The Contribution of Information Literacy Competencies towards Utilization of Information Resources among Second Year Nursing Students of Aga Khan University, Uganda

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Date
2019-06
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Abstract
The aim of this study was to examine the contribution of Information Literacy (IL) competencies towards effective utilization of information resources among Aga Khan University (AKU) Second Year Nursing Students. The study addressed the following objectives: review how IL programmes are managed at AKU, establish which IL competencies AKU Nursing Students acquire from the library staff, examine the contribution of IL competencies in the effective utilization of information resources at AKU, and identify the factors that either hinder or facilitate the utilization of information resources at AKU. The study adopted a case study research design with a qualitative research approach to collect qualitative data from 31 Second Year Nursing Students, 14 Faculty and 2 Librarians. Findings from the study revealed that most Second Year Nursing Students were not able to use the information resources because they lacked the crucial information literacy competencies (knowledge and skills). The study further revealed that way the IL programme is organized at AKU is the reason for the low levels of IL among the Second Year Nursing Students. Furthermore, the study revealed a number of factors that hinder Second Year Nursing Students from utilizing information resources at AKU to included: Lack of or slow internet connectivity, Limited IL competencies, Limited time for visiting the library while on campus, Inaccessibility to information resources, Lack of awareness of the available information resources, Users perceptions to the library collection, Poor reading habits and the bulkiness of the books. The study concluded that AKU IL programme has not effectively disseminated IL competencies to the Second Year Nursing Students because: IL course unit was not embedded in the curriculum, the training was designated for only freshmen, the model of training and time allocated are not effective for this complex subject, there is minimum Faculty-Librarian collaboration. The researcher recommended that the library should engage in aggressive IL advocacy, adoption of ACRL Information Literacy Standards for Nurses, designing of an IL policy to guide the IL implementation and teaching activities, promote current awareness of library information resources, and implement and market the library online spaces like OPAC and remote access.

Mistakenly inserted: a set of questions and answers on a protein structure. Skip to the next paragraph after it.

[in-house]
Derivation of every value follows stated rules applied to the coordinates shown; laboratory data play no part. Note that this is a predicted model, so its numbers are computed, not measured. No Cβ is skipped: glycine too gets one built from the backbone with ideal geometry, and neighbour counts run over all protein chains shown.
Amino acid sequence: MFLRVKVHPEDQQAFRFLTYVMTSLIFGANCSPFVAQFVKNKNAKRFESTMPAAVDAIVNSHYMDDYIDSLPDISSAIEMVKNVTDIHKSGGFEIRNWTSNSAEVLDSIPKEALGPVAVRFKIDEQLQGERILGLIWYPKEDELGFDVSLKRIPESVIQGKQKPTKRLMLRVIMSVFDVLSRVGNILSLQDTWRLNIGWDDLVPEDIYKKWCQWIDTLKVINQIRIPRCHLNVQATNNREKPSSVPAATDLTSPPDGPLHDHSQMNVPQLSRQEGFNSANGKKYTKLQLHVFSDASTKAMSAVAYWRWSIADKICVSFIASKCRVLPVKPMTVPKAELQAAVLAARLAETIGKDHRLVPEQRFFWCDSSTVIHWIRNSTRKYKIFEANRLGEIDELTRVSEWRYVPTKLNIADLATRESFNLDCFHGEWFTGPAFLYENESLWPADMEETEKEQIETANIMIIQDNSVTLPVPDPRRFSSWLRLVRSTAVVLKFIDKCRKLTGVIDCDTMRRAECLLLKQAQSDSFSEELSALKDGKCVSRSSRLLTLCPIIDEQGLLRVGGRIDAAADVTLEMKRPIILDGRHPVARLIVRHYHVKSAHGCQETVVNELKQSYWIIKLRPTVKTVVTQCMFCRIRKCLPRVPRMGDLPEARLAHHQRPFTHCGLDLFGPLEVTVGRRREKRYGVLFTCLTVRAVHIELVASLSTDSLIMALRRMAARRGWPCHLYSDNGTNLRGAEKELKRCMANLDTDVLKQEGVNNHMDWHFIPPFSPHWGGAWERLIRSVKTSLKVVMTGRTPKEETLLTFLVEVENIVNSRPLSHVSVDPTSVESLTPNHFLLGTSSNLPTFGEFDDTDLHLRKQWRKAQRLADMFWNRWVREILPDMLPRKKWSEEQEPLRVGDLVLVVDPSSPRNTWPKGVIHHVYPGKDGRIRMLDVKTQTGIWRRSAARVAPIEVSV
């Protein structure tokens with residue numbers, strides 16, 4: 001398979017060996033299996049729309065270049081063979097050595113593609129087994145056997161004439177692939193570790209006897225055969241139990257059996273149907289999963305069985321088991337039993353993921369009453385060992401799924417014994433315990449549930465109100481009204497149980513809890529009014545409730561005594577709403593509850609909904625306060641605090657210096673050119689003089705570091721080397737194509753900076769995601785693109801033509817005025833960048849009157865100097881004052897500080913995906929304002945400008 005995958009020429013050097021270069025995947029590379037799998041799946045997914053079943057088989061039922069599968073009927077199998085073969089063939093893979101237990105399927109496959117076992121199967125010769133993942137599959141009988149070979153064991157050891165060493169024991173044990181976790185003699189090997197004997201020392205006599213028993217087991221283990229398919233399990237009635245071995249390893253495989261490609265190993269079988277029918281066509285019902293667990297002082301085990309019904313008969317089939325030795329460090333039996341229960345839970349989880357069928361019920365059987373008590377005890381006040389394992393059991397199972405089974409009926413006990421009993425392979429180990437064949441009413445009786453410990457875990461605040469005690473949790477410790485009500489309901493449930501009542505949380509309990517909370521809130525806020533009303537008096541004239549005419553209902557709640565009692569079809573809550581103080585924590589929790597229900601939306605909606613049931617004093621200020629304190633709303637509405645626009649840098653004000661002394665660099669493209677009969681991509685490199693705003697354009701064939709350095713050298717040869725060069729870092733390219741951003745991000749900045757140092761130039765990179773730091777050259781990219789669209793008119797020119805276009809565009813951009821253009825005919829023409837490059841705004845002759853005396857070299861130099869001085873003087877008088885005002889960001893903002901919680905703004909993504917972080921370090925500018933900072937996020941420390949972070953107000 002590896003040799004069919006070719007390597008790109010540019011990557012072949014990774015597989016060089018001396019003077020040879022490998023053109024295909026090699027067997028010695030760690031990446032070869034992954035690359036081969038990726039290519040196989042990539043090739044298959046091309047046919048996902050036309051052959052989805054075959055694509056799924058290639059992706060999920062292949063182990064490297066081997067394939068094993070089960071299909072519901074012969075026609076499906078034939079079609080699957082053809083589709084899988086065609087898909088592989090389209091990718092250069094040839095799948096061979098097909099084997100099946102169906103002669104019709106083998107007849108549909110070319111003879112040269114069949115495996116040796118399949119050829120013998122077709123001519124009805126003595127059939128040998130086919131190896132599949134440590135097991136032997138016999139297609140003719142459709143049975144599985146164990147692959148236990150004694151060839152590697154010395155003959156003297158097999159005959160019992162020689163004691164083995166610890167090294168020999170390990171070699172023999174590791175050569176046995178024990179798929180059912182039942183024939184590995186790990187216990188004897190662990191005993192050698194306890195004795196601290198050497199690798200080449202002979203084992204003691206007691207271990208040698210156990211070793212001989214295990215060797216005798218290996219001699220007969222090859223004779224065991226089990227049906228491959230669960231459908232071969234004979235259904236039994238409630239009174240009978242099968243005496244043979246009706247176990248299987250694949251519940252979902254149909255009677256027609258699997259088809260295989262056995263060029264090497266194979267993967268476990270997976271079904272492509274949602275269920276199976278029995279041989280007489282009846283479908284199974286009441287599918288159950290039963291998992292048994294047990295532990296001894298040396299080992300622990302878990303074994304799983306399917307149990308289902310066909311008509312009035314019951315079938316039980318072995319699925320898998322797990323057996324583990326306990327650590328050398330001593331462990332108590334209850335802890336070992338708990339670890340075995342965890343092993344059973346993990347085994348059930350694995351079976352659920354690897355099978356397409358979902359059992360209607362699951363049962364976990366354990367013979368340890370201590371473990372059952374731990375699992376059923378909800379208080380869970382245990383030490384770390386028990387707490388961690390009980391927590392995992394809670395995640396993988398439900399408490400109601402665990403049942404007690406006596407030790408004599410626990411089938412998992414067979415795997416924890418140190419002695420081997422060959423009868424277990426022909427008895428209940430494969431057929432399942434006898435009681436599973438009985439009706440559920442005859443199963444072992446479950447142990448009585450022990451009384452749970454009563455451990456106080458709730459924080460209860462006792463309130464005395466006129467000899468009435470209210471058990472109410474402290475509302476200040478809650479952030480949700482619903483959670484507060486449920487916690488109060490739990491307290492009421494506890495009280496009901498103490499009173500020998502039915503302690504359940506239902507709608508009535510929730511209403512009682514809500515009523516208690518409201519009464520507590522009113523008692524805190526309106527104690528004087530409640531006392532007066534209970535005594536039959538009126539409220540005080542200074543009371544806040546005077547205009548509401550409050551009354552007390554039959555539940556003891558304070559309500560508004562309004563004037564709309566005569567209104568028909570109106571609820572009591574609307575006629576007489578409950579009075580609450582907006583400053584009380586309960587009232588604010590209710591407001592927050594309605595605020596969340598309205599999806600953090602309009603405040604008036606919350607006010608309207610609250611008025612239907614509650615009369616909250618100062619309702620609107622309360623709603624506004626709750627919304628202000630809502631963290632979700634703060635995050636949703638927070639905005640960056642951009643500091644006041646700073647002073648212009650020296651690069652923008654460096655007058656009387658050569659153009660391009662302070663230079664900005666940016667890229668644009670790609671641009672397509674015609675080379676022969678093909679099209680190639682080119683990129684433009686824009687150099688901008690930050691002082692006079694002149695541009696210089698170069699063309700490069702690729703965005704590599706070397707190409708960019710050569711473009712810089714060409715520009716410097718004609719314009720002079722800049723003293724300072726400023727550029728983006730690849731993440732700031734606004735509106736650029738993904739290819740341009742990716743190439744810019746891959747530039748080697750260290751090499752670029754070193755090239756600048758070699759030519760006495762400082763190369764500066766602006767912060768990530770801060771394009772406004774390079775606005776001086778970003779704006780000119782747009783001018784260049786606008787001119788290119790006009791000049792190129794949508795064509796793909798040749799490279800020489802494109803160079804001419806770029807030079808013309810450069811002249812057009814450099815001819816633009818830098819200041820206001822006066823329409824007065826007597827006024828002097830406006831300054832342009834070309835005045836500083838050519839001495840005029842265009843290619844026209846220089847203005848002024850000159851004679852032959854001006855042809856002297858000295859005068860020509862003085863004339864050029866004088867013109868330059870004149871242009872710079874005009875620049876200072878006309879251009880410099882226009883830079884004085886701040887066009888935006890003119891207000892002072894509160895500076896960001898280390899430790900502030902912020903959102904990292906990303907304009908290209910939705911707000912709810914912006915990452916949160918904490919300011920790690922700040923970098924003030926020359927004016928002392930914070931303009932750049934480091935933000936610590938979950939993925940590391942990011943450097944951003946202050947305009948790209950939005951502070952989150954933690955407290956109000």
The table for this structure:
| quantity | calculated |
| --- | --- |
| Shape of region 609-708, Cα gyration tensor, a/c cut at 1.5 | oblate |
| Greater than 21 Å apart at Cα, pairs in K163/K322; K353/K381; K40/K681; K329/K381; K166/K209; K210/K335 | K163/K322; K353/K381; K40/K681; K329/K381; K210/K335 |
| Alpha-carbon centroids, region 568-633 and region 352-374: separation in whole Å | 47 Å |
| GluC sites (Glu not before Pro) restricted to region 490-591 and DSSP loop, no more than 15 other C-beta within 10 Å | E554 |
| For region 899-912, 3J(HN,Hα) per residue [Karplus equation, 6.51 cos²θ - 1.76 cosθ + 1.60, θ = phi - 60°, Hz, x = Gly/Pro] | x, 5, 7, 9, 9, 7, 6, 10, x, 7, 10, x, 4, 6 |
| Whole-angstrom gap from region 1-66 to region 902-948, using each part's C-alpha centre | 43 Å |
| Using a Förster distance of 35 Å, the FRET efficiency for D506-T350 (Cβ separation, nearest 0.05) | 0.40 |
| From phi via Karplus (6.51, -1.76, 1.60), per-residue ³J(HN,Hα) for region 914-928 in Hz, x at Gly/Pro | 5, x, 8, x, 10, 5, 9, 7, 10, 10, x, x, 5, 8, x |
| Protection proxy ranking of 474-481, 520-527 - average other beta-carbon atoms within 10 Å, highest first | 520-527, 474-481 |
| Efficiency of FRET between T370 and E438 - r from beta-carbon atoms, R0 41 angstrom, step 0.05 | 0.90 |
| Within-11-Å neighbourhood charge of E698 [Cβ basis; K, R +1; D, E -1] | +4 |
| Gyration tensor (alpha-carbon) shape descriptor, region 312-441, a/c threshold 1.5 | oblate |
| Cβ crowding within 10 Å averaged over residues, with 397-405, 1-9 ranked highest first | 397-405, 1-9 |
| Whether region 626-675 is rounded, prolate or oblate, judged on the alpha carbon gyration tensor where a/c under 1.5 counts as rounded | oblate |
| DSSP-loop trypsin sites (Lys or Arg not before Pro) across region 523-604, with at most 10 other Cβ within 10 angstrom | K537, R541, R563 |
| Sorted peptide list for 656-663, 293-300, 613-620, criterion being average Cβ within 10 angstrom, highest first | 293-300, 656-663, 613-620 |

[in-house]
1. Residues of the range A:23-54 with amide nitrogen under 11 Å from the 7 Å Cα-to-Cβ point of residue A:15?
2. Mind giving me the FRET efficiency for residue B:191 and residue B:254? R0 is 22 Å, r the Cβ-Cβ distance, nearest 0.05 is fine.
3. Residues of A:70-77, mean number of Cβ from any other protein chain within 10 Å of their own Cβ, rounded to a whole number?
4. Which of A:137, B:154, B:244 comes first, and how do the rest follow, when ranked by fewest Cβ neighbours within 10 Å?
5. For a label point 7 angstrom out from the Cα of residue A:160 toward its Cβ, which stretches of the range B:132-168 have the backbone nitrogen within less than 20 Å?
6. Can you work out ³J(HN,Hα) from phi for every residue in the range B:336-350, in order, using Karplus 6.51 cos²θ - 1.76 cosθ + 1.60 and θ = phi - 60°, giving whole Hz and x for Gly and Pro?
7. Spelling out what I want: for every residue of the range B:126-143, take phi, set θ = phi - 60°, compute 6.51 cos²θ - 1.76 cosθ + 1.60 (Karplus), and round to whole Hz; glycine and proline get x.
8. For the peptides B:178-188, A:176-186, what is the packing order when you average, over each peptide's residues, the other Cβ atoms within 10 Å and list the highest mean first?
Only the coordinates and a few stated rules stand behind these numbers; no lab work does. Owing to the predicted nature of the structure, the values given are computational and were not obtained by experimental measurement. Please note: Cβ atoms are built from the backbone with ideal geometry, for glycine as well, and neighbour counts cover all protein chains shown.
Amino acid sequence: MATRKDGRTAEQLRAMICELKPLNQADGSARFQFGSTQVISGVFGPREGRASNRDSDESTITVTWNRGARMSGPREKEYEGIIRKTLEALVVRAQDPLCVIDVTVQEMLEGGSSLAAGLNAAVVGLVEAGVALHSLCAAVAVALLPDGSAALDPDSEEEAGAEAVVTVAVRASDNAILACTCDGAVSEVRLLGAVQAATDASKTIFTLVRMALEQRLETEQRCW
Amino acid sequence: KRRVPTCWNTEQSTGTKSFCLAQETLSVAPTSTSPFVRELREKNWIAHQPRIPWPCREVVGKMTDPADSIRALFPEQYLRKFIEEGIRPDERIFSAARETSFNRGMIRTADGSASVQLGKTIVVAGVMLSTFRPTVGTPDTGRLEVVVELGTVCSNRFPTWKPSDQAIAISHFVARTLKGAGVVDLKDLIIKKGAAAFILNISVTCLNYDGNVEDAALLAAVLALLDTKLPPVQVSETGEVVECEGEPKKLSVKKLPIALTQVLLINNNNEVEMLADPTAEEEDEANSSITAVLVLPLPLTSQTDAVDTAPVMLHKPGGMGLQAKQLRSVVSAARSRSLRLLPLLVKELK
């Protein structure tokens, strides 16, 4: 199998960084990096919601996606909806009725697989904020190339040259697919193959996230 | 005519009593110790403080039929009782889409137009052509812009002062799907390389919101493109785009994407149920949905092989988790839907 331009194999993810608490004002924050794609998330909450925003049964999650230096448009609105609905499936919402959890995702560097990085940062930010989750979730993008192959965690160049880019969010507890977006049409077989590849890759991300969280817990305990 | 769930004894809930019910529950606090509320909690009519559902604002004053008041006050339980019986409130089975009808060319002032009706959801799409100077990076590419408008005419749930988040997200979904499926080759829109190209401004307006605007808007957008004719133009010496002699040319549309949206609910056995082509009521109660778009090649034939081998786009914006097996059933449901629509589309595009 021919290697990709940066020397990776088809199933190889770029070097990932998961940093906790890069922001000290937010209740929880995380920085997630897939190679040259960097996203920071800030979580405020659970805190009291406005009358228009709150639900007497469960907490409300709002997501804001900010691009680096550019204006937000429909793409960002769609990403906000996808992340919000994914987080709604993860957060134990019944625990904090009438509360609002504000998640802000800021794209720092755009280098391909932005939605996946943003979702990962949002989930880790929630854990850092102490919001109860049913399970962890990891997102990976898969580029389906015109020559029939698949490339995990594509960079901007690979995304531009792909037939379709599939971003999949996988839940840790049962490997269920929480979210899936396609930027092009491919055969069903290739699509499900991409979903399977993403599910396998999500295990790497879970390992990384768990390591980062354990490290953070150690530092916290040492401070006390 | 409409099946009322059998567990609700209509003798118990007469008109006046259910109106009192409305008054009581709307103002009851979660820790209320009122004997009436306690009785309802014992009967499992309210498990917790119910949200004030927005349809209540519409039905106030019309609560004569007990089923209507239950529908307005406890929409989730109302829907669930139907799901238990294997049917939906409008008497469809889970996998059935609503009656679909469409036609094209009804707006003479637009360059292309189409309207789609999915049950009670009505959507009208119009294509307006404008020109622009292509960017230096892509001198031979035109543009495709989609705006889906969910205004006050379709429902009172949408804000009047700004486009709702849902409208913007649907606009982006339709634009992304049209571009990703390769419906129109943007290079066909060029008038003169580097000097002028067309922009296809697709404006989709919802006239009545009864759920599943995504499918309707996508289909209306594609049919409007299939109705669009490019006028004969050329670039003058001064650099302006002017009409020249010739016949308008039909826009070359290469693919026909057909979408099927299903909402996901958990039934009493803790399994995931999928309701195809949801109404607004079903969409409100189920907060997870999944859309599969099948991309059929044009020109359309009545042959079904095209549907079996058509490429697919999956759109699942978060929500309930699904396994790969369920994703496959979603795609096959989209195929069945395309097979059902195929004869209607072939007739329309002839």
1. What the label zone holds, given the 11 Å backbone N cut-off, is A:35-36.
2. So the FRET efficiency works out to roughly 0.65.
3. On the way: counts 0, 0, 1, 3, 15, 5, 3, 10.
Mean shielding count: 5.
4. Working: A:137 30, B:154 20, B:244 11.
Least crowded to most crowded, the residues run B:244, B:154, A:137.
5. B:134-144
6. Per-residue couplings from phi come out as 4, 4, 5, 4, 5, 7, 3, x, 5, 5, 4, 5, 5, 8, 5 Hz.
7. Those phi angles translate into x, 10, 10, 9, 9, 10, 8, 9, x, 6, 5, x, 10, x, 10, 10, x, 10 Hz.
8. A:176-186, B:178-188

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Information Literacy, Access to Information Resources, Utilization of Information Resources, Information Literacy Competencies
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